Interviewer: So who calls, uh—you said, uh, people call this area black bottom?


Interviewee: They call the whole black—um, the whole neighborhood black bottom now.

Interviewer: Okay.


Interviewee: Because it a poor neighborhood.

Through his narration of these adjoining spaces Mack is tracing the neighborhood’s trajectory from a Polish-dominated enclave of homes and businesses to a majority-Black community, now dominated as much by the plant population as the current human residents.  Here we see a home surrounded by green growth, facing a field where the evidence of past density may be difficult to see.  For Mack, the empty lot contains within it the past human occupants as well as the plants now flourishing there.

Another lot contained what might be an unremarkable monument—a single concrete planter.  However, this object’s persistence rendered it worthy of remark.

Interviewee: Now, while we walkin’ and when you see things, now, this right here was Chuck house right here. See that? This right here was—yep. A black man owned this, but his momma had died and things that happened. And I see that his momma sick, got the stone. And you can look. You can look. When we partied here in the ‘80s—and this right here. I don’t know why, and I wasn’t nothin’ but four years old, and this still standin’ here, and I’m 54. Right here?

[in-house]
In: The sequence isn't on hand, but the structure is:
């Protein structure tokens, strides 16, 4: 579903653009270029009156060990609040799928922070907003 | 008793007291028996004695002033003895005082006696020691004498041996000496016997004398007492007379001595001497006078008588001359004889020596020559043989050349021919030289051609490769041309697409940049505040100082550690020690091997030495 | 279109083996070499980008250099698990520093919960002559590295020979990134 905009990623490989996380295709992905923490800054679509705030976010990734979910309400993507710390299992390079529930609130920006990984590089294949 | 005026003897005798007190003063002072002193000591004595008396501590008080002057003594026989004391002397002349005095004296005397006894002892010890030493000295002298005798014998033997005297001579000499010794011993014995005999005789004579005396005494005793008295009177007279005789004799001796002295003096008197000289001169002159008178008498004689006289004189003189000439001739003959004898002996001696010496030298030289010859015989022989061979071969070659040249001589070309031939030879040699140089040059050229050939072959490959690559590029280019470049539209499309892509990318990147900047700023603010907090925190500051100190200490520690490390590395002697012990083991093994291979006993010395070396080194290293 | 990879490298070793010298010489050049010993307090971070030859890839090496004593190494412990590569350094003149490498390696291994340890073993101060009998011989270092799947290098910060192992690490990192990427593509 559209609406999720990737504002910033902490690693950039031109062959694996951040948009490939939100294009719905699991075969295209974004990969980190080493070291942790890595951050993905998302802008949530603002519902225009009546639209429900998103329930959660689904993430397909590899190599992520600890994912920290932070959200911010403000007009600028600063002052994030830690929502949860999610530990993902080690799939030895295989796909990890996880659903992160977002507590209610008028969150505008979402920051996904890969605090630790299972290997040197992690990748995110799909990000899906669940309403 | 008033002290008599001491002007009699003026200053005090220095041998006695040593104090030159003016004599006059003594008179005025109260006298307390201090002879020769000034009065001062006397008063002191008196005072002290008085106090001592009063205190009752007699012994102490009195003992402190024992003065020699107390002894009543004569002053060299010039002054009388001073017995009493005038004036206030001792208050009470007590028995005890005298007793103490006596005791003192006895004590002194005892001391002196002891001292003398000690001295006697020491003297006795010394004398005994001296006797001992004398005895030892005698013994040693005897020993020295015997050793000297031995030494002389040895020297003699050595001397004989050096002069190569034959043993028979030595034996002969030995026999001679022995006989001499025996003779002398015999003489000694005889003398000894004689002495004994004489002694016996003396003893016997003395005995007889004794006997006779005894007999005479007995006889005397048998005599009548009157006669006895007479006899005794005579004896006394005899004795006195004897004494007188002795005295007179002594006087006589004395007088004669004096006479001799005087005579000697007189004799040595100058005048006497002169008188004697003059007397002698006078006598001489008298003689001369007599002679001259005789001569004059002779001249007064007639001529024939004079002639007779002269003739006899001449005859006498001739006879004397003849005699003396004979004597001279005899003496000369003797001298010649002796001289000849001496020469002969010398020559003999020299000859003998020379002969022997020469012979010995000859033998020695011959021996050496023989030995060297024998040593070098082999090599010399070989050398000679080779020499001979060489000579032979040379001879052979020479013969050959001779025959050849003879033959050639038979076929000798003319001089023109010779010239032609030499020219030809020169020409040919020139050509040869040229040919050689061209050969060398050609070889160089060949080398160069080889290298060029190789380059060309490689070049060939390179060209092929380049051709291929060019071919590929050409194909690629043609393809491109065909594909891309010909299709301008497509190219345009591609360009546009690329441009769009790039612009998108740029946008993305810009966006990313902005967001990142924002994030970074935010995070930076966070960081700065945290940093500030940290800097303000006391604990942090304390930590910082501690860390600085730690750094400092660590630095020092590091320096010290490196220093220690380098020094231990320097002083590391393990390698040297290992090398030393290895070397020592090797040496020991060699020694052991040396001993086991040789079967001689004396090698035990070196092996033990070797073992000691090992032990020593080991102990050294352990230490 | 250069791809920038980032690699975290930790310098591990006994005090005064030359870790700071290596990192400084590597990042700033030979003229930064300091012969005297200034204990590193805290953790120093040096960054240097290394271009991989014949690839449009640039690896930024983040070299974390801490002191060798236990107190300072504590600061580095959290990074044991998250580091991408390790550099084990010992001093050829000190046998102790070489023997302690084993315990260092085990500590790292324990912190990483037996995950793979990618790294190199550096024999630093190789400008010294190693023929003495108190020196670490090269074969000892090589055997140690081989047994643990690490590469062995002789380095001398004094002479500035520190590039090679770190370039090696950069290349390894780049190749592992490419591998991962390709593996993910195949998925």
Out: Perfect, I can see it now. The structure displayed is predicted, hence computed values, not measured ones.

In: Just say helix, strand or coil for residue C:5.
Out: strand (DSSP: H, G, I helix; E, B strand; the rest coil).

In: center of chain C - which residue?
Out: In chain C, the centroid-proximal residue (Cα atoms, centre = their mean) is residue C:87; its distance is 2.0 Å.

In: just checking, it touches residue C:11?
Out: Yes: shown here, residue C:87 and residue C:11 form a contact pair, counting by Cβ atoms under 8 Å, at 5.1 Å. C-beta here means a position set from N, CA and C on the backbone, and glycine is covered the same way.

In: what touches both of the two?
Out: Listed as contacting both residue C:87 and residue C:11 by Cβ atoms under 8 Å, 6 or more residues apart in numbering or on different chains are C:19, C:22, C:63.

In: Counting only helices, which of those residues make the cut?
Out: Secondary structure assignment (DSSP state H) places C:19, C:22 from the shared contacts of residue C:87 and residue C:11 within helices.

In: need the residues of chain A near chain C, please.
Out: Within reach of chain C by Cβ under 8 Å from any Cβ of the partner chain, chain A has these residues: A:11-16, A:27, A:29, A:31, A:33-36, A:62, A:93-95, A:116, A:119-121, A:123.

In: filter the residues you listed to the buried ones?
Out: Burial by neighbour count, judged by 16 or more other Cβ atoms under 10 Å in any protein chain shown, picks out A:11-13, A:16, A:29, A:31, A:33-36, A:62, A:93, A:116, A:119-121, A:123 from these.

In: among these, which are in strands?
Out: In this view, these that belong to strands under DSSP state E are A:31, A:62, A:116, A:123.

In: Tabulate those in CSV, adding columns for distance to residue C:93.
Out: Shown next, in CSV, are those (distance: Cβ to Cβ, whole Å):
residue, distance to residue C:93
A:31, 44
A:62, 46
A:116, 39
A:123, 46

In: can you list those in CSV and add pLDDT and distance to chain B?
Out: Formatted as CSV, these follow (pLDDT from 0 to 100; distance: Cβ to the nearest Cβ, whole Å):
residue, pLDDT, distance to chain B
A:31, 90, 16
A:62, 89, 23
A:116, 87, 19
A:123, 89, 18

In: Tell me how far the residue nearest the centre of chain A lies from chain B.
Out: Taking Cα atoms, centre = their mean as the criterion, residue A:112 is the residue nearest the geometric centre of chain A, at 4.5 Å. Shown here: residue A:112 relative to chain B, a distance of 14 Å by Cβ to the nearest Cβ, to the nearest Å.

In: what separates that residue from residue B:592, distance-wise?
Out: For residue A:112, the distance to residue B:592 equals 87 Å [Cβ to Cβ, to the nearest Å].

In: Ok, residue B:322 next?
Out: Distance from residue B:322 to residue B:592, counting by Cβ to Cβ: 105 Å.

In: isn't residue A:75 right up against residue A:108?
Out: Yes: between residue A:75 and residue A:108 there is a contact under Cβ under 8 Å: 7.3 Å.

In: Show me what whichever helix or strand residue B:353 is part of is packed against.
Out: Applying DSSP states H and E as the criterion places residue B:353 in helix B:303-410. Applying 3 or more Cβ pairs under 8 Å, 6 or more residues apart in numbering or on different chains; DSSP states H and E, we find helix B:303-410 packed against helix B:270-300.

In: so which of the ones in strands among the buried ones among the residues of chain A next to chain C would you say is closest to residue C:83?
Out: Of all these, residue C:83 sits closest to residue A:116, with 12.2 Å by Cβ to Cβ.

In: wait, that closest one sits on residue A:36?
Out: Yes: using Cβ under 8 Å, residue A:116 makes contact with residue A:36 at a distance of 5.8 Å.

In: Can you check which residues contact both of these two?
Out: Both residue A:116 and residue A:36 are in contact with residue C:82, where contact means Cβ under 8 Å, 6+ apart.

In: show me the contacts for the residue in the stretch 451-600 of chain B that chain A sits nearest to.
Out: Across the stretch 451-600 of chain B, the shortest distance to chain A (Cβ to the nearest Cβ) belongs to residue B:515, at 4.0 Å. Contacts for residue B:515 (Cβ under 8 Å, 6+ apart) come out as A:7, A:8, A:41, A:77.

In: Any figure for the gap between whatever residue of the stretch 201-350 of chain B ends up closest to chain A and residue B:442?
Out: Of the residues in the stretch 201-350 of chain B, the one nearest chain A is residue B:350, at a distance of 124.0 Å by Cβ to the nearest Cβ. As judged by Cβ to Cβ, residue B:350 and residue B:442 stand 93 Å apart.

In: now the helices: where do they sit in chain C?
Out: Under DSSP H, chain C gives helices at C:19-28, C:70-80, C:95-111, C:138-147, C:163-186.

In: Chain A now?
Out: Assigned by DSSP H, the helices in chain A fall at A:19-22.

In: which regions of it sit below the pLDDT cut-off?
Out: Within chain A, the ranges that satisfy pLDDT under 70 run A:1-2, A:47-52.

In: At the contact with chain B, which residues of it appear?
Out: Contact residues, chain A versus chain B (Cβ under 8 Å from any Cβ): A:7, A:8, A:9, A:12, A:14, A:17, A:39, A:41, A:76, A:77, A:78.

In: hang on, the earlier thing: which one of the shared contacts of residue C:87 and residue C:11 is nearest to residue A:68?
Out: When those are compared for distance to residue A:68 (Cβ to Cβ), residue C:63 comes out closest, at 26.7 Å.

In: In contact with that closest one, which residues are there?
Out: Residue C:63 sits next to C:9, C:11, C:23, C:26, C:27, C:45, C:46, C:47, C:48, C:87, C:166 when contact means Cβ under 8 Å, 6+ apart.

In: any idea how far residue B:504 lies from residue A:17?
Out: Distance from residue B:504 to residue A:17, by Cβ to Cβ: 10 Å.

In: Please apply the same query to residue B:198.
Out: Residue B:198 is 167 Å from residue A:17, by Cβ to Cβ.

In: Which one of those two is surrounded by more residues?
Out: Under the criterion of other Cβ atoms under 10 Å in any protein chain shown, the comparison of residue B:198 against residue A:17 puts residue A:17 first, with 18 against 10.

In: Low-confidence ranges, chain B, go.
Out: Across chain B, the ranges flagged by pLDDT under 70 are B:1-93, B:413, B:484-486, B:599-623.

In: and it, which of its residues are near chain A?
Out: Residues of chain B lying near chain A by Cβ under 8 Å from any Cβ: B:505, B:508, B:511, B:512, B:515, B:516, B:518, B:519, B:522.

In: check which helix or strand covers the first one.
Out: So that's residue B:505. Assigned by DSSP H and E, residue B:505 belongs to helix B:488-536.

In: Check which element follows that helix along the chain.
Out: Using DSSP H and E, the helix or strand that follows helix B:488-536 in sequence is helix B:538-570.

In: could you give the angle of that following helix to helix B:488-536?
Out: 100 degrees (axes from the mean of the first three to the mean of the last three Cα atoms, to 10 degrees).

Interviewer: Yeah.

Interviewee: Still standin’.

Interviewer: Wow.


Interviewee: Still standin’. Right here. Still—old though, but it still standin’. This right here was in the ‘80s. This was—it’s so old. It’s like, uh. It’s like, boom. It’s still standing. Nobody ain’t take it.

According to Tuan, “A neighborhood is at first a confusion of images to the new resident; it is blurred space, ‘out there.’ Learning to know the neighborhood requires the identification of significant localities, such as street corners and architectural landmarks, within the neighborhood space…” (Tuan 1977, Space and Place: The Perspective of Experience, p. 17).

This passage reveals the constant tension between permanence and transience, between blurred space and significant localities, or using the D-G terms, between territorialization and de-territorialization. As Mack has noted, this single inconspicuous icon is significant simply because “Boom! It’s still there.” 
Detroit’s fascination as a city lies not in its ruin, or reconstruction, but in the degree of play that exists between these ever-present potentialities, the struggles over identity and interpretation within these shifting fields, and the perhaps fruitless search for tipping points, clues to its ultimate outcome or meaning. Thus Detroit itself may be seen as a line of flight, unsettling because it seems so continually unsettled, a disruption of expectation, like the pheasant taking flight before our meandering feet. 
In that sense, Detroit is not so different from any other city, always becoming, yet constrained by the path lain by its past, distinctive only in degree.

Photo by Tomek Zerek, taken while stomping through Detroit fields with first author

(Can you see the pheasant?)

(For more on the Deleuzian perspective, see Manuel Delanda, A New Philosophy of Society: Assemblage Theory and Social Complexity.)